An easy way to make the right first impression on a team and it’s Captain, and to set out your stall early in terms of priorities is the players briefing.
The briefing is a key part of the pre-match routine that you will go through. My thoughts on the whole pre-match routine are given in THIS POST
When to do the Briefing
Agree with the captains of each team when you are going to do the briefing. Most of the time the players will be out warming up. At the level that I referee at (low!) most captains will just say that they are happy to do the briefing there and then and will call the players in for a boot check and briefing.
The Briefing Itself
I tend not to do the briefing to the whole team (hence on the field is easier then wedged into a changing room). You only need to brief the 10, 9, front row and captain. Ask for substitutes for all of these positions to join the briefing.
“This is straight forward fellas. I don’t expect to have much to do with you today. Keep the 5m and 10m distances for me, make sure your backs are set from your position, and we’ll be happy for the whole game. I will signal with my arm up at the line-out if a maul is formed and you need to stay back. Understood? Thanks you can go”
“Please put the ball into the scrum straight. Remember to stay onside at the scrum. Let’s get the ball in as soon as it is steady. If you’re not sure whether it is steady or not, listen to me. If I am still talking to the players then I am not happy it is steady.”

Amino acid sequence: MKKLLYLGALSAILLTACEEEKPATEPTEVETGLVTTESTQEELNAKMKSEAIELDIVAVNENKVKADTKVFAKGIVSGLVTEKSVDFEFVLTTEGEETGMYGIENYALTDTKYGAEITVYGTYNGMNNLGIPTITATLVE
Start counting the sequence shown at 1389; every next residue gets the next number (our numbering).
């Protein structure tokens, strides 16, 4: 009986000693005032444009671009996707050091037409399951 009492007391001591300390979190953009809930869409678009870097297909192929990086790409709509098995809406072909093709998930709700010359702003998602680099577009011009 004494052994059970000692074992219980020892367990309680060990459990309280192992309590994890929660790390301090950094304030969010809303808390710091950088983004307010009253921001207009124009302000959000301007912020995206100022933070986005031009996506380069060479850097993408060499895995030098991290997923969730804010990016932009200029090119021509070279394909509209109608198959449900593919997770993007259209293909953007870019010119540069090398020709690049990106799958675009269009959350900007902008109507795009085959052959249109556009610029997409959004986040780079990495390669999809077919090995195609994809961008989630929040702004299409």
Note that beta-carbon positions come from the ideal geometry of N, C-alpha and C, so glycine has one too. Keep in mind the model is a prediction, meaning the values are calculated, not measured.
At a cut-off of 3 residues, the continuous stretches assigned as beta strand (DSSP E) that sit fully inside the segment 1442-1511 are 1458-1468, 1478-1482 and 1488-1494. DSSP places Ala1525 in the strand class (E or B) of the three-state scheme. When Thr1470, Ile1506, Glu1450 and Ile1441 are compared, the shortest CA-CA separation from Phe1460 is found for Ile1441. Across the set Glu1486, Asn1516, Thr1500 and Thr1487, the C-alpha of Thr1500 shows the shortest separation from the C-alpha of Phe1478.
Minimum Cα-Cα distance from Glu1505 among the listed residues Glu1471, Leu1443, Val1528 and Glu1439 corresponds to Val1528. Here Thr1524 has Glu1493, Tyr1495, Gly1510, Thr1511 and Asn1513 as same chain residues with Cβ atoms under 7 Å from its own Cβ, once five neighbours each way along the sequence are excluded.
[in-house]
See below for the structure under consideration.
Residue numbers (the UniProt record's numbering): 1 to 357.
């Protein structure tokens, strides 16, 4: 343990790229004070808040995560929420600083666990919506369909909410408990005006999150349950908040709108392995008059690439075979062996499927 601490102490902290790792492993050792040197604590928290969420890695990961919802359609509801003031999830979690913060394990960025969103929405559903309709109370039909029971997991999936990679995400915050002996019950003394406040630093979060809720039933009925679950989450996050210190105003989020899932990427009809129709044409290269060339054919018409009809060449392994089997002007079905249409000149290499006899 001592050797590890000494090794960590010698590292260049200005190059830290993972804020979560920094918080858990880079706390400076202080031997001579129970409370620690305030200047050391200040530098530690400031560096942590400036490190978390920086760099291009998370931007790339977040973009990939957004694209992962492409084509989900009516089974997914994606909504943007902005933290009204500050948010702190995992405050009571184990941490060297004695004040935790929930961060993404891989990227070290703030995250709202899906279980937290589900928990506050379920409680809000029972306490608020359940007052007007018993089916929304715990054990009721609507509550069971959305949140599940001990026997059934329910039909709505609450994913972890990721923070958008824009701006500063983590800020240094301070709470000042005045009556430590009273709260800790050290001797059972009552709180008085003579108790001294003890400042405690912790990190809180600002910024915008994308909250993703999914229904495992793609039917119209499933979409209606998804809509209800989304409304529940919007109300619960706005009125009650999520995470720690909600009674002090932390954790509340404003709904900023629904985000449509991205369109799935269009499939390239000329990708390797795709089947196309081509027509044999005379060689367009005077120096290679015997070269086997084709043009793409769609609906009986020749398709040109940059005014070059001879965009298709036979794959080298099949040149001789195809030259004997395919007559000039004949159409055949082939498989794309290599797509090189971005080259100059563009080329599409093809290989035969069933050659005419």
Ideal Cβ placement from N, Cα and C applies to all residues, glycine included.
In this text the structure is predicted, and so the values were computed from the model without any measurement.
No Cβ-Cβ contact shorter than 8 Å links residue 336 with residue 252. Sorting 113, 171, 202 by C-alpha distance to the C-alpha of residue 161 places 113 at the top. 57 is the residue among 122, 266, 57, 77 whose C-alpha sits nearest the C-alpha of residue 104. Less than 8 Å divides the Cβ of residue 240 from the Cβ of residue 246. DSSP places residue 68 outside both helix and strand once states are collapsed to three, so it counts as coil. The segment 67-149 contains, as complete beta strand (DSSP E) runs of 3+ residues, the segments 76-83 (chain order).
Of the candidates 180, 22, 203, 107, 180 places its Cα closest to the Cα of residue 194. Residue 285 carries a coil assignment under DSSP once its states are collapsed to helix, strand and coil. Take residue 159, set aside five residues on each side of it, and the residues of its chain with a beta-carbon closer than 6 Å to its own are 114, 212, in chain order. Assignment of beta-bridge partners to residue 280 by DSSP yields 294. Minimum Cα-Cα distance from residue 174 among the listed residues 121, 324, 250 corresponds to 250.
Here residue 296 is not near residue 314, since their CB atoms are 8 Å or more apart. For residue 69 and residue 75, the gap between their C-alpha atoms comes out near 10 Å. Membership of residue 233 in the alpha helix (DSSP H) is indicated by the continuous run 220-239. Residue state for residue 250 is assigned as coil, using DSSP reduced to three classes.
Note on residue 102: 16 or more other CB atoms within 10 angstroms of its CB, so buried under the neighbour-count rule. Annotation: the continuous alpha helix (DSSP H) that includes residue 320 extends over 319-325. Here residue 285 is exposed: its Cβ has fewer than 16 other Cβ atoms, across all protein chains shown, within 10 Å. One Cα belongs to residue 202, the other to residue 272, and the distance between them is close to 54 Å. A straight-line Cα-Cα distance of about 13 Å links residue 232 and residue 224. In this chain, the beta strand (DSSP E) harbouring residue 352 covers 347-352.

“I’ll protect you at the scrum and breakdown. Until you have clearly lifted the ball off the ground the ball is still in. Captain – please tell your players this is how I will referee the breakdown.”
“I’m happy for you to take quick free kicks and penalties, just make sure you are behind the mark and I can see you please”
“Understood? Thanks you can go.”
The Front Row
“If you bind properly, keep level backs and push straight in the scrum then we will have a straight forward match today. As you know I will control the scrum using Crouch-Bind-Set. I will do this at a pace to match what I can see happening, please wait for each stage. Before the set I would like you ear to ear, not shoulder to shoulder please, that way you will have a gap to set in to.”
To the player who is first-player in the lineout: “I will mark both sides of the lineout. Please set from that mark and keep a metre gap between the lines.”
“Is that all understood? Thank you”
I would normally walk away from the other players to brief the Captain – this gives a clear signal that I am forming a different relationship with him. I would also talk to him using his name throughout the briefing and the match for the same reason.
“I’m responsible for one thing. You’re responsible for one. And there is one thing we are jointly responsible for one.”
“I’m responsible for the safety of the players. You’re responsible for your team’s discipline. We’re both responsible for getting everyone into the clubhouse having had an enjoyable match.”
“We need to work together. I am happy to speak with you whenever the ball is dead. I don’t want to have a discussion while the ball is in play, nor do I want to have multiple discussions with other players. If you have concerns about the other team or questions about any aspect of play, please come and discuss it.”
“Do you understand? Thank you.”
And repeat for the other team.
Note: If there is a physio/medic for a team I will also tell them that they can come on to the pitch to assist a player without asking me, and that I will ensure that they are safe at all times, stopping play if it looks like it may endanger them or an injured player.